by Dr. Janet Knodel, Professor and Extension Entomologist, North Dakota State University
Co-Investigator: Dr. Veronica Calles-Torrez, Post-Doctoral Scientist, North Dakota State University
The European corn borer (Figure 1) is a significant pest of corn, as well as other crops, including potato, millet, and many vegetables. For all agricultural crops attacked, European corn borer costs growers in the U.S. over 1 billion dollars annually due to yield losses and control costs. Yield losses due to European corn borer infestations are primarily due to tunneling in stalks and ear shanks that result in physiological stress and stalk breakage and dropped ears prior to harvest.
Management of European corn borer in North Dakota is complicated by the presence of two ecotypes that are defined by the number of generations per season (voltinism): univoltine (one generation), and bivoltine (two generations). Each ecotype can emit either a Z or E pheromone (or a chemical produced by one individual of a species to influence the behavior of the same species). The univoltine Z-ecotype European corn borer has historically been the most common ecotype present in North Dakota. However, the biovoltine E-ecotype European corn borers are also present in North Dakota and its infestation is often observed in whorl stage corn when populations are high. When the univoltine Z-ecotype European corn borers are abundant, infestations develop later in pre-tassel or older corn. One challenge for the crop manager is to distinguish between these different corn borer ecotypes, and when corn borer populations can be tolerated and when they need to be controlled.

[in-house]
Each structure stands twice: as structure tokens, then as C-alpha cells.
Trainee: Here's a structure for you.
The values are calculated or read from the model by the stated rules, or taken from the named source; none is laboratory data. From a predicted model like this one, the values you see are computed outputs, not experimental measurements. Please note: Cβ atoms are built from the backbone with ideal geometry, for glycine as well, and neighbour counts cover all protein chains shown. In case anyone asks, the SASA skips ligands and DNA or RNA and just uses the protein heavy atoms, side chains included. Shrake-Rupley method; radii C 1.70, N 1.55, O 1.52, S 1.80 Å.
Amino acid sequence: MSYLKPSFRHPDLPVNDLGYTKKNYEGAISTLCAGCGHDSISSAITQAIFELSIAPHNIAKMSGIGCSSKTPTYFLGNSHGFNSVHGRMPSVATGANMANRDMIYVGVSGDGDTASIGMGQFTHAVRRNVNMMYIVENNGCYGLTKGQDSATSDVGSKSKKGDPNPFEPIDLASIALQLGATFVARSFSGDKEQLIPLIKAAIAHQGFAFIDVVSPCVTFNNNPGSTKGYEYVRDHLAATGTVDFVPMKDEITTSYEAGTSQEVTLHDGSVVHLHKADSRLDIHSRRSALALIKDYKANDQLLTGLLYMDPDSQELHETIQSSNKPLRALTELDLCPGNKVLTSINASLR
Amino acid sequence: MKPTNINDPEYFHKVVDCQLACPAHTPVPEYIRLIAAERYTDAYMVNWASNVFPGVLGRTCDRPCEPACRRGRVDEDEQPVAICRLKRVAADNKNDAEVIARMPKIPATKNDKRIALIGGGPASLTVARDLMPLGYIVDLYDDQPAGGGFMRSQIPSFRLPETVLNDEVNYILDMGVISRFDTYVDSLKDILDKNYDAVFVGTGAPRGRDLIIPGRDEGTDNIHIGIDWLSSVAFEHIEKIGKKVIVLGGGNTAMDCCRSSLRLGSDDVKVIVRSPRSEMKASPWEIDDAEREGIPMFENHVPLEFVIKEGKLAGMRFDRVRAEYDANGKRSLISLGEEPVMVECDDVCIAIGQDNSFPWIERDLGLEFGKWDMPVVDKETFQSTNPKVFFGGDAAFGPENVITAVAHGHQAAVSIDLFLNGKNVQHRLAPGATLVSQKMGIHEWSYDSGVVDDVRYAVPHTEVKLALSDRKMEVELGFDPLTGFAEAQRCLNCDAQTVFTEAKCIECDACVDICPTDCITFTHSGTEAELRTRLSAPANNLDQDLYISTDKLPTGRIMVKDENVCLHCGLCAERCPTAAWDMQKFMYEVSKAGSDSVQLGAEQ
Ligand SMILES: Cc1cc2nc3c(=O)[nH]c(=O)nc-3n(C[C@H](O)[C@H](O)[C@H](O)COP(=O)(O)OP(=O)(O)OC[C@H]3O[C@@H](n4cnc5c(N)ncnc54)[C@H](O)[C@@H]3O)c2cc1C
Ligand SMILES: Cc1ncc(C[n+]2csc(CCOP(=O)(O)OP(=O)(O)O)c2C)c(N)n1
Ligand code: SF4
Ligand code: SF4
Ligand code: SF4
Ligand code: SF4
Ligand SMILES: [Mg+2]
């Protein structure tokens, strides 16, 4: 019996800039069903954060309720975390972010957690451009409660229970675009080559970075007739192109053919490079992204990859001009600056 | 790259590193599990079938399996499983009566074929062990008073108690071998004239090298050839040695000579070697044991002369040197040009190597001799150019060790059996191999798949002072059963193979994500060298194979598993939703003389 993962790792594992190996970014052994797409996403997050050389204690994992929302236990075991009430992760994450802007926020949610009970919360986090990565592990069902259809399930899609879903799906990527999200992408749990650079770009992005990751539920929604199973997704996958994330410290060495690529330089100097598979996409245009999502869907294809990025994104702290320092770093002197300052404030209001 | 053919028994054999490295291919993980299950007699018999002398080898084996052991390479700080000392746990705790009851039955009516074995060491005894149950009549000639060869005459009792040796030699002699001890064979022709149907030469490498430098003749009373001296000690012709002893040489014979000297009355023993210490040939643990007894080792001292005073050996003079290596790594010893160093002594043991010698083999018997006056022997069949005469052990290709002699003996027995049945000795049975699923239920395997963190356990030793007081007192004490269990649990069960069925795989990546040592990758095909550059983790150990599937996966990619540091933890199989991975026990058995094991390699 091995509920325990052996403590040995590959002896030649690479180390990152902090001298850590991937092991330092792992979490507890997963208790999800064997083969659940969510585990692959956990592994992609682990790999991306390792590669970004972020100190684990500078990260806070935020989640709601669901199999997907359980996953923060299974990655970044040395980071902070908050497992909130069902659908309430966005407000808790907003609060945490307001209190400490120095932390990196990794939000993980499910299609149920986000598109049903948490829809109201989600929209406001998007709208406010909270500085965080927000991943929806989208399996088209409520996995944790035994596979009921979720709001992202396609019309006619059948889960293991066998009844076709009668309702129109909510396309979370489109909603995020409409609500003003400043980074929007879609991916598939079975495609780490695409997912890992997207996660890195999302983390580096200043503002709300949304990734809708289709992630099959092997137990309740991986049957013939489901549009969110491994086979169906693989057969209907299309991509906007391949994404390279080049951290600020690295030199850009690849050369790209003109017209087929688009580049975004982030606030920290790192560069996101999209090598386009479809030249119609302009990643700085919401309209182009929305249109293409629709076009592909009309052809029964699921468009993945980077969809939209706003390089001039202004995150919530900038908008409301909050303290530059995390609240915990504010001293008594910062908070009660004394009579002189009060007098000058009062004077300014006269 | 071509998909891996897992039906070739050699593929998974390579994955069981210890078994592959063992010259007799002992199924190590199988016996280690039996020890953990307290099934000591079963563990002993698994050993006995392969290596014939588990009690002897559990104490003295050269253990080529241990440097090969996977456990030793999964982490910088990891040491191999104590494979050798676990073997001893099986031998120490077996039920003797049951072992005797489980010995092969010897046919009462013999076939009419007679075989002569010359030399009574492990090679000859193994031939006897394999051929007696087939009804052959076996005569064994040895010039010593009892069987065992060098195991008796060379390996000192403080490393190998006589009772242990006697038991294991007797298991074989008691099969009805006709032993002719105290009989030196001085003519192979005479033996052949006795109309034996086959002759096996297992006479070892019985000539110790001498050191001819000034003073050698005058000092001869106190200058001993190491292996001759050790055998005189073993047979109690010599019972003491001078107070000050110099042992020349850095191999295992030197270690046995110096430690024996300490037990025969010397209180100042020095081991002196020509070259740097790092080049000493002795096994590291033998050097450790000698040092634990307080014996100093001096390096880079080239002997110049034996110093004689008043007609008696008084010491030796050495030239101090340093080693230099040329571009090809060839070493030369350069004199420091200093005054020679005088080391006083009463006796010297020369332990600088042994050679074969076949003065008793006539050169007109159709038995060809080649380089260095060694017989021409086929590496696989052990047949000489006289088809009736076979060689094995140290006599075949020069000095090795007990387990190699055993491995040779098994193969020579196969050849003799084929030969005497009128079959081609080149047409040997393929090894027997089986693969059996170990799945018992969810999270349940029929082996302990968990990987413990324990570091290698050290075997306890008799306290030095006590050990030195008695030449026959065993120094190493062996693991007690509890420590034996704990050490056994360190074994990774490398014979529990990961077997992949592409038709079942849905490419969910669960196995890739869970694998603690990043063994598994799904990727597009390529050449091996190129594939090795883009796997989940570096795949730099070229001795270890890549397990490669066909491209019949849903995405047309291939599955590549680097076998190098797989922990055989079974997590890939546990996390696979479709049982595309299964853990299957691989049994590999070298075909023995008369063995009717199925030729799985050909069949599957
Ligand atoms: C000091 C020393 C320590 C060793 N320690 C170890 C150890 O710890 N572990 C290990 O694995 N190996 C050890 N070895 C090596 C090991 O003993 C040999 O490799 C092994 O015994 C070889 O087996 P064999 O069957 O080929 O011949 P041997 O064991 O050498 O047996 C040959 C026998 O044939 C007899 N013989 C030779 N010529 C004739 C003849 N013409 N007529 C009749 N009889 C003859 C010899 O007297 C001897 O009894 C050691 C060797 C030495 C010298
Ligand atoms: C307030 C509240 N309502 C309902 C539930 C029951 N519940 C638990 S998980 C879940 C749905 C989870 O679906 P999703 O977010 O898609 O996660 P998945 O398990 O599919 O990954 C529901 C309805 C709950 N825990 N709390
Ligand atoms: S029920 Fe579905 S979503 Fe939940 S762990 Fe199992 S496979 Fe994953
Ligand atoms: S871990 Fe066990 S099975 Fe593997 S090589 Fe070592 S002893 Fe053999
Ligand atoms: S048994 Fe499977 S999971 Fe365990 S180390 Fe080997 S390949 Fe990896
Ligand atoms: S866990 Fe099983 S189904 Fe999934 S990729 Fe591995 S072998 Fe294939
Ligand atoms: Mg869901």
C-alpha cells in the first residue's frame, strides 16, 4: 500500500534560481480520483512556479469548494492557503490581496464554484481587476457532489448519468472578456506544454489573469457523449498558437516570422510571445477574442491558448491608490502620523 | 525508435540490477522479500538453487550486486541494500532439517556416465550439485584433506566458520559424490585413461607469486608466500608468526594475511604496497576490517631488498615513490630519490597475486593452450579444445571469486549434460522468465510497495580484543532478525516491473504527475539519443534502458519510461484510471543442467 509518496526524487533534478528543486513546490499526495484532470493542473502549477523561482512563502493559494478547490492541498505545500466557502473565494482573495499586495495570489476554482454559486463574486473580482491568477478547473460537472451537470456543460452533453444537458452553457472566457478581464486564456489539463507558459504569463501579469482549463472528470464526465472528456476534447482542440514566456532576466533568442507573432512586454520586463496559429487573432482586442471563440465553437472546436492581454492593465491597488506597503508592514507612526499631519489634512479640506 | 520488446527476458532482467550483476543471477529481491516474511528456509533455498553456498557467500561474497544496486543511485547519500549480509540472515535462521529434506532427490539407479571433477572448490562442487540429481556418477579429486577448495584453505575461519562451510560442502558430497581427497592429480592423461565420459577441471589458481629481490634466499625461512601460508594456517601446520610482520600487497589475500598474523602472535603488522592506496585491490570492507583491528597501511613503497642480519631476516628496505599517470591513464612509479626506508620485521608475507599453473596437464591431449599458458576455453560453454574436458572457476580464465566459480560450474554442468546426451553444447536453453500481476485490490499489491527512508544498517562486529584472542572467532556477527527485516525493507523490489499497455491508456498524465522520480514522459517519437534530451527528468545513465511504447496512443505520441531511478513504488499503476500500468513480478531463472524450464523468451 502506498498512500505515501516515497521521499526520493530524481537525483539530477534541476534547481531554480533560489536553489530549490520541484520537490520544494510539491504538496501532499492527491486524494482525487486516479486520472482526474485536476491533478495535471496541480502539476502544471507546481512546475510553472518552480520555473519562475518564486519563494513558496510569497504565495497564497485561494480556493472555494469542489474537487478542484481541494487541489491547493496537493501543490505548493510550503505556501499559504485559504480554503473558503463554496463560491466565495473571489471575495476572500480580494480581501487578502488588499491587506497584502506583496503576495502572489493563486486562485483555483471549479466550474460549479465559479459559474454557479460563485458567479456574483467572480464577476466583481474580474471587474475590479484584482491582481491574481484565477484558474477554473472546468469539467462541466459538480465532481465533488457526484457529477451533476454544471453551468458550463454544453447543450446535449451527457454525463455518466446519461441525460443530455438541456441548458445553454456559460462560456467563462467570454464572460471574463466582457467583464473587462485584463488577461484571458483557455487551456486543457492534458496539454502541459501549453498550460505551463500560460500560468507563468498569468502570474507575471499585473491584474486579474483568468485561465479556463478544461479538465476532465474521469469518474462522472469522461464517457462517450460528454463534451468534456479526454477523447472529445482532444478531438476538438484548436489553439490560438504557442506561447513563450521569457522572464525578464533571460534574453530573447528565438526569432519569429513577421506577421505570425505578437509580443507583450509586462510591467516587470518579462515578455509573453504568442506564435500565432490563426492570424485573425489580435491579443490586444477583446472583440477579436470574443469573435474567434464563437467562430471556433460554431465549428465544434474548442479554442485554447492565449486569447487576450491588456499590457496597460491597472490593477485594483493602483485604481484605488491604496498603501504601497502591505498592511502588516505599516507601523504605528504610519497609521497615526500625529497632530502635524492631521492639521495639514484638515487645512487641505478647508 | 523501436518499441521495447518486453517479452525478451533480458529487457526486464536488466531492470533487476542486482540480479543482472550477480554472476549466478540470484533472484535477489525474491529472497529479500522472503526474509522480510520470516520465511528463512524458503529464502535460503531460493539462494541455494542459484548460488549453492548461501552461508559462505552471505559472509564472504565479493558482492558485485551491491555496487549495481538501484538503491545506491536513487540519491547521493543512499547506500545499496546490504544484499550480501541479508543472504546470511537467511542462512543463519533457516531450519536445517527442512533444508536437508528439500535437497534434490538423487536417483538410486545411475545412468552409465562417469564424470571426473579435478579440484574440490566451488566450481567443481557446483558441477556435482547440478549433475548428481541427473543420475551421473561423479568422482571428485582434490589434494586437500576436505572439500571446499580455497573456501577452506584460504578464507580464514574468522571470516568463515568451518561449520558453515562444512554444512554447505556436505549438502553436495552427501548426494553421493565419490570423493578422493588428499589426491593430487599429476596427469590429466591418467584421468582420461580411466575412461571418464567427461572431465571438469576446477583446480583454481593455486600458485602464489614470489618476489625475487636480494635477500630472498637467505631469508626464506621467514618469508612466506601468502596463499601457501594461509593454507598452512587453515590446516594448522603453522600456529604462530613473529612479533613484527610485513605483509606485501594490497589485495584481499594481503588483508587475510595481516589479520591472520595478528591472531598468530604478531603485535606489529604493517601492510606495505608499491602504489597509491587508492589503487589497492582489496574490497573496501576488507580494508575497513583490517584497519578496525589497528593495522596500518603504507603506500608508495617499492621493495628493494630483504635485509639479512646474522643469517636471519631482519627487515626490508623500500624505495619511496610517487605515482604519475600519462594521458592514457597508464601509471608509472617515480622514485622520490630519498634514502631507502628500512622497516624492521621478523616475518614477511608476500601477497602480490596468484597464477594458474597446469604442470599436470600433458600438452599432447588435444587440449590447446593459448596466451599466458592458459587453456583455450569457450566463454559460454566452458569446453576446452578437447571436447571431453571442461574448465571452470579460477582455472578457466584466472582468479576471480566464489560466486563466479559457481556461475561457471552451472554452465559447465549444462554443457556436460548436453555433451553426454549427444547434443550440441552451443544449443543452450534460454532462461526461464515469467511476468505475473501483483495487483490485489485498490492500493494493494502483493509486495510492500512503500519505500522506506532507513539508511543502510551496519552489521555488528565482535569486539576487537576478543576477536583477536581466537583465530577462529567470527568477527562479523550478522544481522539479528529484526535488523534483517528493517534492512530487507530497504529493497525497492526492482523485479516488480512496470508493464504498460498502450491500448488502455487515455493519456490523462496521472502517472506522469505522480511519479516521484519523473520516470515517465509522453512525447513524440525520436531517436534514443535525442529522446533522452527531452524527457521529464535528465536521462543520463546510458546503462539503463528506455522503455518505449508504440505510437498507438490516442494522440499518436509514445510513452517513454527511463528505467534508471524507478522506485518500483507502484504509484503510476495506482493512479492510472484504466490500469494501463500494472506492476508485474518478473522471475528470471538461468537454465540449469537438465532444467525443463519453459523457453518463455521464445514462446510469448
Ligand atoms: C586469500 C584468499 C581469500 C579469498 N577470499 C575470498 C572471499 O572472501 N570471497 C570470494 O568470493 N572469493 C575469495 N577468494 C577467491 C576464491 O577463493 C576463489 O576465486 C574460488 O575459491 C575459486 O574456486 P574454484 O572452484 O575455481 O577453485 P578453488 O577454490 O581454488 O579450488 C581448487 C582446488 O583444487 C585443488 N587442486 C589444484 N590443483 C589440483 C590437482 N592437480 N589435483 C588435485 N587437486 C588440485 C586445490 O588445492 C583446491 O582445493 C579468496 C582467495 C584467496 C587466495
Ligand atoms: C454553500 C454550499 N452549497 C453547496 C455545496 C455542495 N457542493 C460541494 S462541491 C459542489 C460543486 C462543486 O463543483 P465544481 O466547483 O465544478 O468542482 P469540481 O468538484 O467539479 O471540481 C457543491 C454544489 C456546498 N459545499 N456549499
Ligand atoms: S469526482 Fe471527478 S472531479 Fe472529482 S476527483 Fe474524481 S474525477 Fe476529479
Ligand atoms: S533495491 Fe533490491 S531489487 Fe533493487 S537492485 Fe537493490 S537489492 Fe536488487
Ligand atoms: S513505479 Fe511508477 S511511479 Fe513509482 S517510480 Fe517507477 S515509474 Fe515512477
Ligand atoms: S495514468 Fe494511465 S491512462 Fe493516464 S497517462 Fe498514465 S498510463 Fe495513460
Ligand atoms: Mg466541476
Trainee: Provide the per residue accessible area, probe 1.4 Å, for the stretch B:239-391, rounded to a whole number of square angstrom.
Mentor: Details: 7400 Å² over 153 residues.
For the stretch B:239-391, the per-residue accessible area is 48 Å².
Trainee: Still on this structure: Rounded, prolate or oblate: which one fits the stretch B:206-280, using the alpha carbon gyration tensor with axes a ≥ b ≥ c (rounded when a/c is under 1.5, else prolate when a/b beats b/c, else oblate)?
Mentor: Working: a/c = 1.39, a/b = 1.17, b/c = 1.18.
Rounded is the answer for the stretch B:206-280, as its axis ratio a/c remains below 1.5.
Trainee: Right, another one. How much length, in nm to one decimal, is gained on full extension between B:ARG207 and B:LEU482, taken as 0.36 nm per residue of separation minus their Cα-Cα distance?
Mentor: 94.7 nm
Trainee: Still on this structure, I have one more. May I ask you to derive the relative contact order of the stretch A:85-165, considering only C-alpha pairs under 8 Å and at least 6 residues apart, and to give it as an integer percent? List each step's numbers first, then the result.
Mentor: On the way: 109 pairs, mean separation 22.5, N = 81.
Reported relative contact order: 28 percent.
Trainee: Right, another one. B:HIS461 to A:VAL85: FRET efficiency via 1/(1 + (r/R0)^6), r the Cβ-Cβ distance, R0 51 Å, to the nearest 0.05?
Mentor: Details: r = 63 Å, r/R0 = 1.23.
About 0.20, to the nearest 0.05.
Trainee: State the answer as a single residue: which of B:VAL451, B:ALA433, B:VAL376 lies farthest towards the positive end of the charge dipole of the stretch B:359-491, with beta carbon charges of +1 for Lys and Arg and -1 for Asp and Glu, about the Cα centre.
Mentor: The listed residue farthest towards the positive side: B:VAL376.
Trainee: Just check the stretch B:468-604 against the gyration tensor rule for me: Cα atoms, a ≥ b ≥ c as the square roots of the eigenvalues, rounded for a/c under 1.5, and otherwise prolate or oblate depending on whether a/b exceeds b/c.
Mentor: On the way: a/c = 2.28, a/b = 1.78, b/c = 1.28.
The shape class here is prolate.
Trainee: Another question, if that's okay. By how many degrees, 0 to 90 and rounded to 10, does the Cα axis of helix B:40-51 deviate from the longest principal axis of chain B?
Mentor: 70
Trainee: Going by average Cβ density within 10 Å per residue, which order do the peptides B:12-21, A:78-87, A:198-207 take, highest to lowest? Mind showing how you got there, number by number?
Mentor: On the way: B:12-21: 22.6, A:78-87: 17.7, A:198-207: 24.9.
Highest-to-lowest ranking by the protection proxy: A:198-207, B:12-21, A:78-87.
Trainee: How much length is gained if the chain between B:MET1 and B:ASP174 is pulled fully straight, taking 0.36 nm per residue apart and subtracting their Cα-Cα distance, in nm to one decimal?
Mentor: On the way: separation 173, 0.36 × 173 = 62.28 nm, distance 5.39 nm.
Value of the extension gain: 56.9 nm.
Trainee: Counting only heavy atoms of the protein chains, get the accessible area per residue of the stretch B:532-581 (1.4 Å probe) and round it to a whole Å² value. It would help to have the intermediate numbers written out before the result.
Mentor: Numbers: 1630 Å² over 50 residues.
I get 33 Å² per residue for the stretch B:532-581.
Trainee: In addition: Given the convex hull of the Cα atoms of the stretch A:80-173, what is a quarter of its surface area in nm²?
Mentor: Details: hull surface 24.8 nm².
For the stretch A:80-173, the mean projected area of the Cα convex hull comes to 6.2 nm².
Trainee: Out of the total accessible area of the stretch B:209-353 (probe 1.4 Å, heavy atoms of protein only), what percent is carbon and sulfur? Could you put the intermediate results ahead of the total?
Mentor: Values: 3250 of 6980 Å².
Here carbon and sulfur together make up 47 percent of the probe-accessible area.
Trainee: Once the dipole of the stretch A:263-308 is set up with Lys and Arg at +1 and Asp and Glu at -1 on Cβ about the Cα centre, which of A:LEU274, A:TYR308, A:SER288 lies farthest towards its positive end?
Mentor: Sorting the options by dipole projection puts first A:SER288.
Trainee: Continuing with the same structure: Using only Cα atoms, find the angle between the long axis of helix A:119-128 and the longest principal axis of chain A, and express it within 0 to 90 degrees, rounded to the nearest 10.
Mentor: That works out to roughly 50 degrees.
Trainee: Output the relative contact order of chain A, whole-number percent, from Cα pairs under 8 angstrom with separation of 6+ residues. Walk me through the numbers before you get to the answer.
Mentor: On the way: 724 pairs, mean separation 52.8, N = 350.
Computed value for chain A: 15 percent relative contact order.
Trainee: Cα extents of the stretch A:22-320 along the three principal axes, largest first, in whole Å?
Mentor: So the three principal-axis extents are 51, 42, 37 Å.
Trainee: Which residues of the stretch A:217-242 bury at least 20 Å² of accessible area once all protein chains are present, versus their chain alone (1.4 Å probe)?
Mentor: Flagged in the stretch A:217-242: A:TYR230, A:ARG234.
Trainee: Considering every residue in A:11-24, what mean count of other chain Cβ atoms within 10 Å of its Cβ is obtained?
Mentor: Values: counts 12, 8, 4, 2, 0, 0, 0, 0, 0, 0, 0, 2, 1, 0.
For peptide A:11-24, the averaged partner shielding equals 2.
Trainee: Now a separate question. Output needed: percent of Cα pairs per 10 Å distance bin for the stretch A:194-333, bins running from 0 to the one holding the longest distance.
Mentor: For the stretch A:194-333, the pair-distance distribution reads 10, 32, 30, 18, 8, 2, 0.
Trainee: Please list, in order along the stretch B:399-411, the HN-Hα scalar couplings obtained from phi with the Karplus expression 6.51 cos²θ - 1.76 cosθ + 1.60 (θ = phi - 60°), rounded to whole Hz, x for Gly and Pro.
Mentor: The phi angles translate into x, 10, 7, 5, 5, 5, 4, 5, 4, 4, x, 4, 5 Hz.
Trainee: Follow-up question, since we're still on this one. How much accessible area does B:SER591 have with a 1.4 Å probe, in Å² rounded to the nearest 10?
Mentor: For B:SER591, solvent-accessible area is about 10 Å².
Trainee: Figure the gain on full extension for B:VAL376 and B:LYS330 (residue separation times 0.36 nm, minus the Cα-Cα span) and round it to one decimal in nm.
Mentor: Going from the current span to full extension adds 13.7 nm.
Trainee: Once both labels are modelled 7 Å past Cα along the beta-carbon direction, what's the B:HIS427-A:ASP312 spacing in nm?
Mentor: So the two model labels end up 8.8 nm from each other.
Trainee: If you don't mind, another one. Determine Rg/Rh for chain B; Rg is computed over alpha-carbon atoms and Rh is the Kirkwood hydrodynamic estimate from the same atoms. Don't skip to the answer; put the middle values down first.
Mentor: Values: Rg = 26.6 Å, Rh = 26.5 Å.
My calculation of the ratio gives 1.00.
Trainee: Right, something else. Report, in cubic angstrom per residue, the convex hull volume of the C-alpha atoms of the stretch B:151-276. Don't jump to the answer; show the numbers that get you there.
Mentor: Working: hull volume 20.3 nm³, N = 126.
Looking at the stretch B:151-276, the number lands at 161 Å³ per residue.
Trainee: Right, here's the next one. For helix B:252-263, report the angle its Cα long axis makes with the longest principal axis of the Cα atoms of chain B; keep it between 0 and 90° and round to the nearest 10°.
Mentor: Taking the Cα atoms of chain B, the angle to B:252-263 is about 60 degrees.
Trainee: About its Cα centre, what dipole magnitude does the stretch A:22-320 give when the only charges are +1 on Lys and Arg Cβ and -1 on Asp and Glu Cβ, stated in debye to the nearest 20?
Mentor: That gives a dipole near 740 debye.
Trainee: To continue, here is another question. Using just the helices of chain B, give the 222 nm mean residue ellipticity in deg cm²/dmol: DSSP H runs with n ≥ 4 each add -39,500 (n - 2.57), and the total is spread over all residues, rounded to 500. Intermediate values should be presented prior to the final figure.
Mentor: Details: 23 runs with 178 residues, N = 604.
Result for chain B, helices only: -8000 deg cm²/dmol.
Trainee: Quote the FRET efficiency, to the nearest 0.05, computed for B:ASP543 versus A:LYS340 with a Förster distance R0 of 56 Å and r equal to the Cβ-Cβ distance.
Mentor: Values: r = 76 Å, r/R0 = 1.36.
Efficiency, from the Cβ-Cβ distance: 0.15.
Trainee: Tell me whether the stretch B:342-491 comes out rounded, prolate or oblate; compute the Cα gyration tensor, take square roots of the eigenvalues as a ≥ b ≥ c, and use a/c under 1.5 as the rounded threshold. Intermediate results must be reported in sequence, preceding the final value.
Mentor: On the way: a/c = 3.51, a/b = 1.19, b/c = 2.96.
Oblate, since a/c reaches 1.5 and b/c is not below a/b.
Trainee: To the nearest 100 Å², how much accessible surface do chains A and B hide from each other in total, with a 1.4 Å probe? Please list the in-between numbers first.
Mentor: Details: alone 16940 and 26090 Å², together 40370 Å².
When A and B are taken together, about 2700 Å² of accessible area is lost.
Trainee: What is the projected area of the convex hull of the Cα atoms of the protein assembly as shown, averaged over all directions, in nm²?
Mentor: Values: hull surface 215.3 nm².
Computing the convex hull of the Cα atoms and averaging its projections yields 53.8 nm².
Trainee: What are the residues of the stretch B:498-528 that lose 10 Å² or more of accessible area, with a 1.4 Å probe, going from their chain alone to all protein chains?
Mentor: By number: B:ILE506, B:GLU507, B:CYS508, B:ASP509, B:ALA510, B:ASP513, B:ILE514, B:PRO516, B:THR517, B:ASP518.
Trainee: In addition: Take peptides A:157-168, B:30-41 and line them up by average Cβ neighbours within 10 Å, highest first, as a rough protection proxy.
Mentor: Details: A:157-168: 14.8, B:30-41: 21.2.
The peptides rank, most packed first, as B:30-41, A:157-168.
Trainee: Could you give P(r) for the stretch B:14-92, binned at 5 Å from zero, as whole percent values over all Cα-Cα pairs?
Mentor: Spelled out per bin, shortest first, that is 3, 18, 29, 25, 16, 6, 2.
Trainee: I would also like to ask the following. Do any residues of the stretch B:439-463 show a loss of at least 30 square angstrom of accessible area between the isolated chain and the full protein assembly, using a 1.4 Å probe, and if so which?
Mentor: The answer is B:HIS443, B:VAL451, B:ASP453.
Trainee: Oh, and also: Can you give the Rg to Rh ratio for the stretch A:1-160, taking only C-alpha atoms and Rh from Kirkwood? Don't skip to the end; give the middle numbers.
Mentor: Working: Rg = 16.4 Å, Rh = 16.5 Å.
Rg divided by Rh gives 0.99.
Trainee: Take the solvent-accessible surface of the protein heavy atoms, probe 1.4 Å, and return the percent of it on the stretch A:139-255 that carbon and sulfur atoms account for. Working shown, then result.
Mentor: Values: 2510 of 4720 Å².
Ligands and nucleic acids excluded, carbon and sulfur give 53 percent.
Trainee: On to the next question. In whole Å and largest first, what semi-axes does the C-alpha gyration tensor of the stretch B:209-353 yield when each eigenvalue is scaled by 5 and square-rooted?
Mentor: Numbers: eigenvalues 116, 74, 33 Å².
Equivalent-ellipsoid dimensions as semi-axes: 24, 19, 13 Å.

More corn growers are using non-Bt corn to help reduce input costs of corn production. Using non-Bt corn could increase the risk of European corn borer infestations since the transgenic traits are not in the corn plant for insect protection. The goal of this research is to use commercially available pheromone traps (Figure 2) to monitor for European corn borer in corn fields, especially non-Bt corn, and to indicate the risk of corn borer infestations for corn growers. This is similar to the trapping strategy used for corn rootworms where a capture rate of six or more beetles per trap per day indicates that a high corn rootworm population is expected for the following year. Then, a pest management tool can be implemented to protect the following year’s corn crop against corn rootworm.
The ScentryTM Heliothis trap was used to monitored for European corn borer moths. Traps were set out in the grassy margins of the corn fields in the following 10 counties of east central and southeast North Dakota:
- Grand Forks
Trapping results for 2018 indicated that most corn fields had low densities of European corn borer moths. The Z-pheromone trapped higher numbers of European corn borer moths than the E-pheromone, and moths were captured at all 10 field sites. Moths of the E-pheromone were trapped at lower densities and observed at only half of the field sites monitored including Nelson, Steele, Cass, Ransom, and Richland Counties. The highest numbers of European corn borer moths were captured in traps located in Richland County.
Trapping result of European corn borer moths were mapped over time to show seasonal trends, and posted on the NDSU Extension IPM website for viewing by growers and crop managers (https://www.ag.ndsu.edu/ndipm/corn). New releases were also available in the NDSU Extension Crop & Pest Report.
In conclusion, pheromone traps demonstrated value in monitoring European corn borer populations in corn fields by indicating when the pest was present and its relative density.